If the Comptroller issued you an estimate for this fee, then it is probably wrong. Defend yourself against it now. 

Most, if not all, of these SOB fee estimated assessments are wrong. Very wrong. Consultants at Texas Tax Group (ex-Texas Comptroller auditors) have carefully reviewed the Texas Comptroller’s SOB fee estimation method on SOBF client assessments and found many errors.  These audit methodology errors can easily DOUBLE what the business actually owes in SOB fee.  Texas Tax Group can help you defend yourself against these harsh and significantly over stated assessments. (more…)

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Requesting an Independent Audit Review Conference (IARC) to Stop an Incorrect Texas Comptroller State Tax Audit from being Billed

Imagine this uncomfortable scenario. Your business is under audit by the Texas Comptroller’s Office. It is the last day of the Field Audit and you are meeting with the auditor at the Exit Conference. The auditor then hands you a tax bill for an amount that you disagree with. What do you do now? What rights do you have? (more…)

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Occasional Sale Exemption (Sales of Entire Operating Assets) – Tax Rule 3.316 (d)

Imagine that you purchased all the heavy equipment assets of a Texas contractor for $2 million dollars. Then a year later the Texas Comptroller’s Office randomly selects your business for audit.

Next, imagine that the Sales Tax Auditor decided to tax the entire $2 million dollar purchase because he/she believed the entire operating assets were not purchased in a single transaction as required by Tax Rule 3.316 (d) resulting in a Texas Sales & Use Tax bill for almost $200,000 (tax, penalty, interest). (more…)

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Tandem Skydiving – Is It Subject to Texas Sales Tax?

Not according to the U.S. (DOT) Department of Transportation

Welcome to one of the most debated state sales tax ‘amusement service’ issues in the country. In at least four states, excluding Texas, business owners are fighting and winning the battle over whether they have to charge sales tax on their tandem skydiving services. It should be noted that many ‘Sales Tax’ states have a tax on amusement services which usually includes ‘tandem skydiving services’. Tandem skydiving occurs when a student skydiver is harnessed to an instructor who then guides the student through the entire jump process (i.e., ground training, jump, free fall, chute time and landing). (more…)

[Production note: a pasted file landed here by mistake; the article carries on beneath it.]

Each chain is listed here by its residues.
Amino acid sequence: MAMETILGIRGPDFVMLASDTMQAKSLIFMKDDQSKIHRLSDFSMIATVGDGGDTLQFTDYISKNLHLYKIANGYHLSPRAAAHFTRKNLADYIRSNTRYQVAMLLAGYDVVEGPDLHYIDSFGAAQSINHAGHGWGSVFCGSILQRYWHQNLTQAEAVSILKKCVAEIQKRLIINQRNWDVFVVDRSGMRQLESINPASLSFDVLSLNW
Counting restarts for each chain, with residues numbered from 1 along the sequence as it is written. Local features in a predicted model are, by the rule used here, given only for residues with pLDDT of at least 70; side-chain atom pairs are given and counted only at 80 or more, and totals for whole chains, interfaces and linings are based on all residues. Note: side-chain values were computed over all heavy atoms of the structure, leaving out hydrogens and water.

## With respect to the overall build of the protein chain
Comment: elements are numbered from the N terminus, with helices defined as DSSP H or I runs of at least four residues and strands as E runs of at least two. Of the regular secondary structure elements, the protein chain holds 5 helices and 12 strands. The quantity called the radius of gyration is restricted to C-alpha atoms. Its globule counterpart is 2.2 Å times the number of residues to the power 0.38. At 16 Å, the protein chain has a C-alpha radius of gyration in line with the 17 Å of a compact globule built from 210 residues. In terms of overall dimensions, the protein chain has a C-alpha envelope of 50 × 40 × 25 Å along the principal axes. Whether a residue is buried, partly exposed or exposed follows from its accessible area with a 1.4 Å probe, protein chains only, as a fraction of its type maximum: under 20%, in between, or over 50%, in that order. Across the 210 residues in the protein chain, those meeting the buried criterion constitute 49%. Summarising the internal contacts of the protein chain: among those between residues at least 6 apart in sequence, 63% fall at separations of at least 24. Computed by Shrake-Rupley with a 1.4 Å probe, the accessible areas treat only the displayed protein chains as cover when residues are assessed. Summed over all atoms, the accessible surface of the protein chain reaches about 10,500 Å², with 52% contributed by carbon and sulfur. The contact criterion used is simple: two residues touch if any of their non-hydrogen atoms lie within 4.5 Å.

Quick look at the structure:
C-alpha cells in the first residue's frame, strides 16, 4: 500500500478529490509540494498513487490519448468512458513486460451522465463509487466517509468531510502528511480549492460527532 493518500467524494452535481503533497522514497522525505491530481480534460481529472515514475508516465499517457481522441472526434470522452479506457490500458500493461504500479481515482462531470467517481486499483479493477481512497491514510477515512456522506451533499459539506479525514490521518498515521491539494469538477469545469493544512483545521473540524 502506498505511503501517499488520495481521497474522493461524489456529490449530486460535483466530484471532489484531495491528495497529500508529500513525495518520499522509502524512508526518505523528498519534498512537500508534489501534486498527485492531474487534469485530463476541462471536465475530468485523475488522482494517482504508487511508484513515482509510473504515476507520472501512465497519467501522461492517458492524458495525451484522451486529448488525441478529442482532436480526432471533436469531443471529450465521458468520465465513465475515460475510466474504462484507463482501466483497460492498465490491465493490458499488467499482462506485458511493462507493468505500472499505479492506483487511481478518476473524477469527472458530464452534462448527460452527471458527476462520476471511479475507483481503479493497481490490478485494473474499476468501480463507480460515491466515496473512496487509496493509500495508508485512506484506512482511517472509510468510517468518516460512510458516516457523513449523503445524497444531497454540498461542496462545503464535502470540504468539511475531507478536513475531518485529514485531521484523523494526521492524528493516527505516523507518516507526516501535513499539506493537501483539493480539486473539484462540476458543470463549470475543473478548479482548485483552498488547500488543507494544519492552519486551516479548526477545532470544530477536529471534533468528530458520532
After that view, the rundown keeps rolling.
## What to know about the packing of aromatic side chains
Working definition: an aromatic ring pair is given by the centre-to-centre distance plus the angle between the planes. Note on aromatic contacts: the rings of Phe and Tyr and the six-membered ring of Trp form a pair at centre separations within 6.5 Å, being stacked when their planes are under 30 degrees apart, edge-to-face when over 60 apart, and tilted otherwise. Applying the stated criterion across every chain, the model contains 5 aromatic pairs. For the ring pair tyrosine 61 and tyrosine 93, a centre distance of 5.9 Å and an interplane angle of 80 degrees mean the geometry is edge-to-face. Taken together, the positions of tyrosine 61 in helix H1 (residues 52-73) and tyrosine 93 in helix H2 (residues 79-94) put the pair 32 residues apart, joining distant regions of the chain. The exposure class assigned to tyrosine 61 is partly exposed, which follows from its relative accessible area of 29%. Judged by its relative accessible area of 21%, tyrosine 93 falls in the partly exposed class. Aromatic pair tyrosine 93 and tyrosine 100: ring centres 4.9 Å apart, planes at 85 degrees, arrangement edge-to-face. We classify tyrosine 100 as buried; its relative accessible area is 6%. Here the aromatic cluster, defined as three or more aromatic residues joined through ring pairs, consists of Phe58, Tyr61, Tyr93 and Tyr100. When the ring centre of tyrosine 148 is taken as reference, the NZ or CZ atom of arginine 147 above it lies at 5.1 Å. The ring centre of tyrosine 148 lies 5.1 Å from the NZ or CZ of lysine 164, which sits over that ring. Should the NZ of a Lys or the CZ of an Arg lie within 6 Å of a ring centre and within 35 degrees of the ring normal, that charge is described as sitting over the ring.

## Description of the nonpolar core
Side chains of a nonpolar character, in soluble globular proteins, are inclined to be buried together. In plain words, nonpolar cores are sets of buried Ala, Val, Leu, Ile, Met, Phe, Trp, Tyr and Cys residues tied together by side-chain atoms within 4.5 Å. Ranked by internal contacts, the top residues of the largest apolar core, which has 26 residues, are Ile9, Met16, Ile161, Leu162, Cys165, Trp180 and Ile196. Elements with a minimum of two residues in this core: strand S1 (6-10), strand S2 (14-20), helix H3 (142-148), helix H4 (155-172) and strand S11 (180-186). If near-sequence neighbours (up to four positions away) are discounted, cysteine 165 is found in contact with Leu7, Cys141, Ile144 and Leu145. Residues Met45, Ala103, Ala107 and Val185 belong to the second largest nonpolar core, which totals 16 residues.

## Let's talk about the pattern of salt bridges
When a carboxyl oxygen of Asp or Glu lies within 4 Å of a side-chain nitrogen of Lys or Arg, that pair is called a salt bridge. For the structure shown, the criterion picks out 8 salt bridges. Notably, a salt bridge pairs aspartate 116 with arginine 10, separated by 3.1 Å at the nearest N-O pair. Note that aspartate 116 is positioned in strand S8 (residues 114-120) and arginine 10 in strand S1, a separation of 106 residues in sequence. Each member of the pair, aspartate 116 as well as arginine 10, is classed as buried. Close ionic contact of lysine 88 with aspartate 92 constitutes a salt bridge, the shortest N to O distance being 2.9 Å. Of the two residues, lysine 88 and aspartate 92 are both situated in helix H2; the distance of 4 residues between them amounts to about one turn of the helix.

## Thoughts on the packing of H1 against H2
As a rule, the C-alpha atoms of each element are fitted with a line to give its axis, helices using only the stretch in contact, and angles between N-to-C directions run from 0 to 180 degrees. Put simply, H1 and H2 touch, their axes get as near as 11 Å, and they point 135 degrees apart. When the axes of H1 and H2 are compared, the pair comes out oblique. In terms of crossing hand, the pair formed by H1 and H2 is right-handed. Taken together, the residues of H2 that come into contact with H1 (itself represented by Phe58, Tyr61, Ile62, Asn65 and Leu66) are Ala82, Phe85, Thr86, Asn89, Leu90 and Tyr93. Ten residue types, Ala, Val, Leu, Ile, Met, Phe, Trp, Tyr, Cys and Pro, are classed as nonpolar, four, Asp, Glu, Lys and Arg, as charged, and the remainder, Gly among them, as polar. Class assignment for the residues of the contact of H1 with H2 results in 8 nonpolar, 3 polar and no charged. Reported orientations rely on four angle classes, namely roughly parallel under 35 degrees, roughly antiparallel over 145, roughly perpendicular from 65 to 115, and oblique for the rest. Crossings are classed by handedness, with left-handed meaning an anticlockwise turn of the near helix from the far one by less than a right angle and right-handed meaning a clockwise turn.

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Texas Oil & Gas -Southwest Royalties, Inc. vs. Susan Combs Most Likely Heading to Supreme Court

The issue concerning whether tangible personal property placed inside a well (i.e., “downhole”) qualifies for the manufacturing exemption has been pending in the Texas court system for several years. The trial judge ruled in favor of the Comptroller on April 30, 2012, and the Third Court of Appeals heard oral arguments on September 25, 2013. After considering the issue for almost 11 months, the Third Court of Appeals issued an opinion on August 13, 2014, affirming the trial court’s judgment for the Comptroller. (more…)

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Audit Division and the Fraud Penalty

In the theoretical world, the Texas Comptroller’s Audit Division serves several very real and legitimate purposes. Good state tax auditors conduct audits for tax compliance (as opposed to revenue generation).  Another purpose is to keep the playing field level for all taxpayers.

It is not right for business A to comply with the law while business B, a competitor of business A, ignores it or intentionally violates it.  When businesses choose or intend to violate the tax laws, the Texas Comptroller’s Audit Division has the option and the responsibility to punish the violator via the additional 50% penalty, also known as the Fraud Penalty. (more…)

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4 Convenient Offices across Texas

Texas Tax Group is the only firm in Texas that has offices in Houston, Dallas, Austin and San Antonio. With our extensive experience as former auditors, we actually still have relationships with some auditors, audit managers, local enforcement officials, hearings attorneys, and attorneys at the Attorney General’s office.

This is something other audit representation firms don’t have access to. Add it all up, and this is why dozens of CPA firms have us handle their clients’ Texas Comptroller tax audits.

Due to our team’s unique experience, we often have more experience than the auditor and we know the audit procedure better than the auditor! Isn’t that the kind of experience and dedicated know-how you want representing you?

Call us toll-free at 855-892-8348 to schedule your FREE Anti-Audit Consultation!

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Practitioners’ Corner